I'm trying to write a script that will automatically remove UTF-8 BOMs from a file. I'm having trouble detecting whether the file has one in the first place or not. Here is my code:

function has-bom {
    # Test if the file starts with 0xEF, 0xBB, and 0xBF
    head -c 3 "$1" | grep -P '\xef\xbb\xbf'
    return $?

For some reason, head seems to be ignoring the BOM in front of the file. As an example, running this

printf '\xef\xbb\xbf' > file
head -c 3 file

won't print anything.

I tried looking for an option in head --help that would let me work around this, but no luck. Is there anything I can do to make this work?


First, let's demonstrate that head is actually working correctly:

$ printf '\xef\xbb\xbf' >file
$ head -c 3 file 
$ head -c 3 file | hexdump -C
00000000  ef bb bf                                          |...|

Now, let's create a working function has_bom. If your grep supports -P, then one option is:

$ has_bom() { head -c3 "$1" | LC_ALL=C grep -qP '\xef\xbb\xbf'; }
$ has_bom file && echo yes

Currently, only GNU grep supports -P.

Another option is to use bash's $'...':

$ has_bom() { head -c3 "$1" | grep -q $'\xef\xbb\xbf'; }
$ has_bom file && echo yes

ksh and zsh also support $'...' but this construct is not POSIX and dash does not support it.


  1. The use of an explicit return $? is optional. The function will, by default, return with the exit code of the last command run.

  2. I have used the POSIX form for defining functions. This is equivalent to the bash form but gives you one less problem to deal with if you ever have to run the function under another shell.

  3. bash does accept the use of the character - in a function name but this is a controversial feature. I replaced it with _ which is more widely accepted. (For more on this issue, see this answer.)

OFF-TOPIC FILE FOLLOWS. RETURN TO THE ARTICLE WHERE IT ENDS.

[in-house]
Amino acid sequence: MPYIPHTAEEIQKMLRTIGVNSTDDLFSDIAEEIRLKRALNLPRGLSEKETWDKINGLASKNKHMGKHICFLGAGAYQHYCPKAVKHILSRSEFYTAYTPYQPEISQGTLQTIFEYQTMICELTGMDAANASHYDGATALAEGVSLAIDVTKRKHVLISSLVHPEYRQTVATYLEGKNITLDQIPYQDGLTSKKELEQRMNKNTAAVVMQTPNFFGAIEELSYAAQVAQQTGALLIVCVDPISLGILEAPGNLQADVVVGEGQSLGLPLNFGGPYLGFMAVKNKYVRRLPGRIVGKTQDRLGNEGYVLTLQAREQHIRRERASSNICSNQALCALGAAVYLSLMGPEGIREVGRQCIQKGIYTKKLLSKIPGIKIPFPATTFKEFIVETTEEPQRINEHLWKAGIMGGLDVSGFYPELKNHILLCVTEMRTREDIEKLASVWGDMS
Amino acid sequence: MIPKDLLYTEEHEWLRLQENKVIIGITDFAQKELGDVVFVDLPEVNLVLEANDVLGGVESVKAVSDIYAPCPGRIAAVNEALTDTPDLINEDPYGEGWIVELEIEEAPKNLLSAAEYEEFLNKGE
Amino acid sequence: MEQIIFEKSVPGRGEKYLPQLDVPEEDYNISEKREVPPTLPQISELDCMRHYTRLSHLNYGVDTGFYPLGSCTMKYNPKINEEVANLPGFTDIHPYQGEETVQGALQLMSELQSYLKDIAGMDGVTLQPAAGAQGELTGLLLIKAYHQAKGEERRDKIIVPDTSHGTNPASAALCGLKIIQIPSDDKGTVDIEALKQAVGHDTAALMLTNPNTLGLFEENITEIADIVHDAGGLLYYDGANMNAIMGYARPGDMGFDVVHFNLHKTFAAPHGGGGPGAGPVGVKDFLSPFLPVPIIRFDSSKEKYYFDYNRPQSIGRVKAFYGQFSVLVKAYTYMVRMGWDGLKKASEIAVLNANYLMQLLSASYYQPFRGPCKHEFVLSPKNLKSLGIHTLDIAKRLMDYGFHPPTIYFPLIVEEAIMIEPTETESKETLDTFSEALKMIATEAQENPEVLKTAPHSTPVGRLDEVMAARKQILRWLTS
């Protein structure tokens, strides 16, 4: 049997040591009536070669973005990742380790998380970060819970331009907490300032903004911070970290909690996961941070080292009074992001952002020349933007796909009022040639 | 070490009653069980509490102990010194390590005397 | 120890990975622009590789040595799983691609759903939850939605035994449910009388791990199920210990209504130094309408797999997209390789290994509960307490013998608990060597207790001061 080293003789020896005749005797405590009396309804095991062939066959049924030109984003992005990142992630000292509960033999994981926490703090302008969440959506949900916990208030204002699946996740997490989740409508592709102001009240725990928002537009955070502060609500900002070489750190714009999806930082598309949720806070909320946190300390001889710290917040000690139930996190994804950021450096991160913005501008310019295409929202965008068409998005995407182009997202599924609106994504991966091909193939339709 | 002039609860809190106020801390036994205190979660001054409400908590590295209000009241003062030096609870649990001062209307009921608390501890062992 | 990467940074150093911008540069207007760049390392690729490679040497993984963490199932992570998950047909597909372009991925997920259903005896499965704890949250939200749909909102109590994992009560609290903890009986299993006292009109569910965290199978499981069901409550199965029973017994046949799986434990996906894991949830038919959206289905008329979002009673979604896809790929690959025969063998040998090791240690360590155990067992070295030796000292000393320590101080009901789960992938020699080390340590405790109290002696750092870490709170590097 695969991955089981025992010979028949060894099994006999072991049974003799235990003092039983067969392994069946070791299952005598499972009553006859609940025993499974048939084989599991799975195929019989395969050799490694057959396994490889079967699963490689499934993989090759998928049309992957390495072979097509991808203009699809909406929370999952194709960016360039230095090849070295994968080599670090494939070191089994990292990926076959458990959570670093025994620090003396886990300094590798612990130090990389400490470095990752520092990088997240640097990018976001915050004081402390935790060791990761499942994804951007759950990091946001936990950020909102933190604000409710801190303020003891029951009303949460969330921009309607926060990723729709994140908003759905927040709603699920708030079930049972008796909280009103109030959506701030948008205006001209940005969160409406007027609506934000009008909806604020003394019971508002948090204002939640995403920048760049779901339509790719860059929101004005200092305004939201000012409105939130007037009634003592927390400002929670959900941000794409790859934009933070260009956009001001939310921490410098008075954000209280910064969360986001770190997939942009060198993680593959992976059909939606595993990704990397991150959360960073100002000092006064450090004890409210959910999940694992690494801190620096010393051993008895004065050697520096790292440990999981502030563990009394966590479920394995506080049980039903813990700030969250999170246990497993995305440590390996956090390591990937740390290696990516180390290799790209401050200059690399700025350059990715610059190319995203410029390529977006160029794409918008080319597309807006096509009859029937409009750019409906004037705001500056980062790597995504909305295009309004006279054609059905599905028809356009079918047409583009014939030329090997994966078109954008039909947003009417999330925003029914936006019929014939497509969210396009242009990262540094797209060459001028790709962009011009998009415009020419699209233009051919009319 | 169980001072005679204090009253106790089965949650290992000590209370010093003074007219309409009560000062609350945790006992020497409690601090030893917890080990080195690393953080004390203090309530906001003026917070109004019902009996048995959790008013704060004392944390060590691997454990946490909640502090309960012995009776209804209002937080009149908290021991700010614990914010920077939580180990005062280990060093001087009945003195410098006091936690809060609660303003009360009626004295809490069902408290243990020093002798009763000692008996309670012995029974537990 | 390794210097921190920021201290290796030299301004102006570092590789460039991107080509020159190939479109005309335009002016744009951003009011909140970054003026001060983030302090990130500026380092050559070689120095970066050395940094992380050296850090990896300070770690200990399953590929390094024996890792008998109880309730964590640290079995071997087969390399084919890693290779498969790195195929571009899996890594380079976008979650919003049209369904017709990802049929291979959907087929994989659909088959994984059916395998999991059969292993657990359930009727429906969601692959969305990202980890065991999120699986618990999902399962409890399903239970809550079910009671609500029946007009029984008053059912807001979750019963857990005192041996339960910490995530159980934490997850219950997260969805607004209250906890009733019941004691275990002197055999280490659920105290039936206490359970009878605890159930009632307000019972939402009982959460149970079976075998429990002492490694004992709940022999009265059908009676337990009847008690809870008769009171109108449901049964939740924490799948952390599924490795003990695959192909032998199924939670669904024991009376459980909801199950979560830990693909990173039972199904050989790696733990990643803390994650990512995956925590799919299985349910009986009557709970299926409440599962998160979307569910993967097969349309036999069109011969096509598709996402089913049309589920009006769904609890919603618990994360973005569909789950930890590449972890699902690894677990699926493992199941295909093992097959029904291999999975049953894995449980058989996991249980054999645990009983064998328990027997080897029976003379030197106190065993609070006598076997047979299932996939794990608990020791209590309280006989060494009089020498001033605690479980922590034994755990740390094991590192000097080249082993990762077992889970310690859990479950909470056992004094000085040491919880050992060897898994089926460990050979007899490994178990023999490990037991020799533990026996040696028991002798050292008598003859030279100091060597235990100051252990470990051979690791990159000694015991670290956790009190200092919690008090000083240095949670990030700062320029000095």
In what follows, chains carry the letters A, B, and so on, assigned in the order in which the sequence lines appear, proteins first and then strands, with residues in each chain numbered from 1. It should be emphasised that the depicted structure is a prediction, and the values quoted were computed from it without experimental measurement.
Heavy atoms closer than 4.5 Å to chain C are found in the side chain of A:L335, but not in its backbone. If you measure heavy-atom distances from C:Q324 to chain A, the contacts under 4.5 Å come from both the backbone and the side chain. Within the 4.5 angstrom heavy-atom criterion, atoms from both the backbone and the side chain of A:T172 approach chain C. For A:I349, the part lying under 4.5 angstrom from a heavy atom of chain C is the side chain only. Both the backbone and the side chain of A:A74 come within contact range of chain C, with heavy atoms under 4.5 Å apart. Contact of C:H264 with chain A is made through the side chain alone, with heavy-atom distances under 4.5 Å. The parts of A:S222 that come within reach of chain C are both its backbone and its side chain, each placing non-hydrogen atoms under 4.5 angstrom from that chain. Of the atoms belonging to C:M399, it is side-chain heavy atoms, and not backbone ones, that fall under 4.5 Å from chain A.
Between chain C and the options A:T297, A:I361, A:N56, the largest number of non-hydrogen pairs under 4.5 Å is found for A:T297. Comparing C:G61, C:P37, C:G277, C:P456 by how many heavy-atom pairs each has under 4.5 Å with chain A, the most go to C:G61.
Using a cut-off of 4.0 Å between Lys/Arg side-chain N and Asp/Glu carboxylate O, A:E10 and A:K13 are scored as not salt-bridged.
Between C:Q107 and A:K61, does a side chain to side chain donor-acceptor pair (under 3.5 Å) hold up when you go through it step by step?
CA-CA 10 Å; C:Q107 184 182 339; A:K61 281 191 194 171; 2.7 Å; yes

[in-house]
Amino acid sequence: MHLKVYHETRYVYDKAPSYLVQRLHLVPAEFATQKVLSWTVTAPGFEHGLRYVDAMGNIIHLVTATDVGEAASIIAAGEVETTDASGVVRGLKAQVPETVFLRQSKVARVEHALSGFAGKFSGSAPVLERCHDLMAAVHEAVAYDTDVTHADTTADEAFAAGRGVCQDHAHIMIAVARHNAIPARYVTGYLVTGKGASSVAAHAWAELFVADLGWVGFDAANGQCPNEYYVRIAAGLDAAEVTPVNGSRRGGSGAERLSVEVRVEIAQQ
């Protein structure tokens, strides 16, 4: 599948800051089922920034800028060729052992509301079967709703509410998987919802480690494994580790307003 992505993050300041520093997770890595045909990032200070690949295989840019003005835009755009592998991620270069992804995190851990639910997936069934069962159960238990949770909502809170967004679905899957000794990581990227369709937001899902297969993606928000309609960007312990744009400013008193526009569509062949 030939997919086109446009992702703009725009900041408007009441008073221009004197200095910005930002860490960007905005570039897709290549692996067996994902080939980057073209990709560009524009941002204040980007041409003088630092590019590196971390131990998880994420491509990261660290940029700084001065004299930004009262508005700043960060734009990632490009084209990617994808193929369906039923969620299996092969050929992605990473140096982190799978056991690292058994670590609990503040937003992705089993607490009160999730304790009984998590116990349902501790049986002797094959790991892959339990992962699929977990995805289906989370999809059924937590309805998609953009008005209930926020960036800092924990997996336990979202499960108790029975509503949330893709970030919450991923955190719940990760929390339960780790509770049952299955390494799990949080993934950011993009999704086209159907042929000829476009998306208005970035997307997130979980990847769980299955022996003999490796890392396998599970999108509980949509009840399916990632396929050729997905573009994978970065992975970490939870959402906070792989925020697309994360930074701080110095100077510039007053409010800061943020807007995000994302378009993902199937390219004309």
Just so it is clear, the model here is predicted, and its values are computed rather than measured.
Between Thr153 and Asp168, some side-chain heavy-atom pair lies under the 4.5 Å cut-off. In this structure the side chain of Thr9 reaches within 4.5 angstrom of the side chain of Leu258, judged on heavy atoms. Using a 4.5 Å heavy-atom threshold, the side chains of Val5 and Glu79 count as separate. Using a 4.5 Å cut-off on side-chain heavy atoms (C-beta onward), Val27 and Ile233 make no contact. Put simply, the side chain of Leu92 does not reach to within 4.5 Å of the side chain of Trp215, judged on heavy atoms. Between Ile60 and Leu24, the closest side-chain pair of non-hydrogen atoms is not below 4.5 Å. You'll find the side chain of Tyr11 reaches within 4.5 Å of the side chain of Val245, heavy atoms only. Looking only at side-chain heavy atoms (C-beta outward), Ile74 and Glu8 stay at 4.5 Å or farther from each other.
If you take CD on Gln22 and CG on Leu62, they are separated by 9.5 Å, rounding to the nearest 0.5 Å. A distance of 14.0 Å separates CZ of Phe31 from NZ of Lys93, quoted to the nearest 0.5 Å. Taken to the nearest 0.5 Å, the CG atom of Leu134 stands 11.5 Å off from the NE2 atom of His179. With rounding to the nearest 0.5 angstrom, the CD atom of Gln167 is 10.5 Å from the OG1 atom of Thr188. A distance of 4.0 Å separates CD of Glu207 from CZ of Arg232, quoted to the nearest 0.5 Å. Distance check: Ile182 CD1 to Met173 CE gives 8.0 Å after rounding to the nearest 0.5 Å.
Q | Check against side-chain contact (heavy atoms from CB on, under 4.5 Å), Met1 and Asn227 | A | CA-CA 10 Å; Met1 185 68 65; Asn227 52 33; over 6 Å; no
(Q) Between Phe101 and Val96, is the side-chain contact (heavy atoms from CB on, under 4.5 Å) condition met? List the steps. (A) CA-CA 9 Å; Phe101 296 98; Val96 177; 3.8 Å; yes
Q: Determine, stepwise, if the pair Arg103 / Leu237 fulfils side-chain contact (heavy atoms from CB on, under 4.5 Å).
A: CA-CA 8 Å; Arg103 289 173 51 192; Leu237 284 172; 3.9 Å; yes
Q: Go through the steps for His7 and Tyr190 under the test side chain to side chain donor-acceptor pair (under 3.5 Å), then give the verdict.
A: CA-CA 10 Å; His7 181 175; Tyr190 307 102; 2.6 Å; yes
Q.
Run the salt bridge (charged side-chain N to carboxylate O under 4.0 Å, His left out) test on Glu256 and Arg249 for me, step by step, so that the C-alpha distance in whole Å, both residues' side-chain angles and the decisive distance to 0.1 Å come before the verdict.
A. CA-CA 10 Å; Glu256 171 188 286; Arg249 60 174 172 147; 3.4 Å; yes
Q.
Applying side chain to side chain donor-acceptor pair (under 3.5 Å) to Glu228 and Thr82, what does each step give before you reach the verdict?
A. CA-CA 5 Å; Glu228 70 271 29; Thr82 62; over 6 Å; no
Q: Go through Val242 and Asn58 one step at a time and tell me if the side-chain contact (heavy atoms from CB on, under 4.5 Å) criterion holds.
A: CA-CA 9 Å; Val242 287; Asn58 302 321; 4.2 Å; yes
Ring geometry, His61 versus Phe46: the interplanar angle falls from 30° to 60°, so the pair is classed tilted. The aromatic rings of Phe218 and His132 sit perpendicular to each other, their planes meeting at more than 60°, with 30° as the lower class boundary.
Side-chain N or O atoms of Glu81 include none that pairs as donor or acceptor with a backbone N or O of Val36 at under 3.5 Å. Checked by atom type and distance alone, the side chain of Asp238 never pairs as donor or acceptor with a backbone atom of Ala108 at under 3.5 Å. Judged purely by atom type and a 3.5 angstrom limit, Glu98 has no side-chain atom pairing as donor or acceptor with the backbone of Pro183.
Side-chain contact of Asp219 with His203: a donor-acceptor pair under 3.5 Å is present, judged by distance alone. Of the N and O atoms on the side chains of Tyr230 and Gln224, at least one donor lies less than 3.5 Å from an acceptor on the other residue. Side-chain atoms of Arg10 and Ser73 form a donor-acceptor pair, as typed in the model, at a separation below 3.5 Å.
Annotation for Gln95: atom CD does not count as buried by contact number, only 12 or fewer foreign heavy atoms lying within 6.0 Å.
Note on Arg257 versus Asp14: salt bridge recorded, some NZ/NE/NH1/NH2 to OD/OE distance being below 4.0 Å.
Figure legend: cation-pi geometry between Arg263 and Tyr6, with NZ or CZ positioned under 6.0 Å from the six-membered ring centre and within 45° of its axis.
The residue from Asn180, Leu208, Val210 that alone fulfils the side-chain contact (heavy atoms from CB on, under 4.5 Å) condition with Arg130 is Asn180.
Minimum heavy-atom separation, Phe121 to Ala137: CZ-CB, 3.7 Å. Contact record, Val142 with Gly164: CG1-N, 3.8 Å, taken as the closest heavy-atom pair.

4. The -q option to grep makes it quiet, meaning that it still sets a proper exit code but it does not send any characters to stdout.

  • 1
    Huh, never knew Bash supported hex string literals. Anyways, thanks for the great answer! – James Ko Nov 29 '15 at 0:28
  • hi, may i ask in line head -c 3 file | hexdump -c , what does the -c do? The previous one seems to 1) limit number of characters output 2) restrict line number (maybe) to 0000000 and 0000003; but the latter makes the output, which is supposed to be "be bf" etc., into replacement marker. I am using bash and testing on a text file generated under Windows, original encoding=GB18030. Thanks. – CrazyFrog Feb 22 '18 at 8:55
  • @CrazyFrog head -c 3 file writes the first three characters of file to standard out. hexdump -C formats those those characters in a human-friendly way as hexadecimal. – John1024 Feb 22 '18 at 19:35
  • @John1024 thank you I found the manual! It’s weird though I generate BOM specific with code at the beginning of my text file but this command does not see it. – CrazyFrog Feb 23 '18 at 1:06
  • 1
    @John1024 That is probably what I should do. I will review the code myself again. There has to be a mistake on my part. Thank you for your help! – CrazyFrog Feb 23 '18 at 20:56

I applied the followings for the first read line:

read c
if (( "$(printf "%d" "'${c:0:1}")" == 65279 ))  ; then c="${c:1}" ; fi

This simply removes the BOM from the variable.

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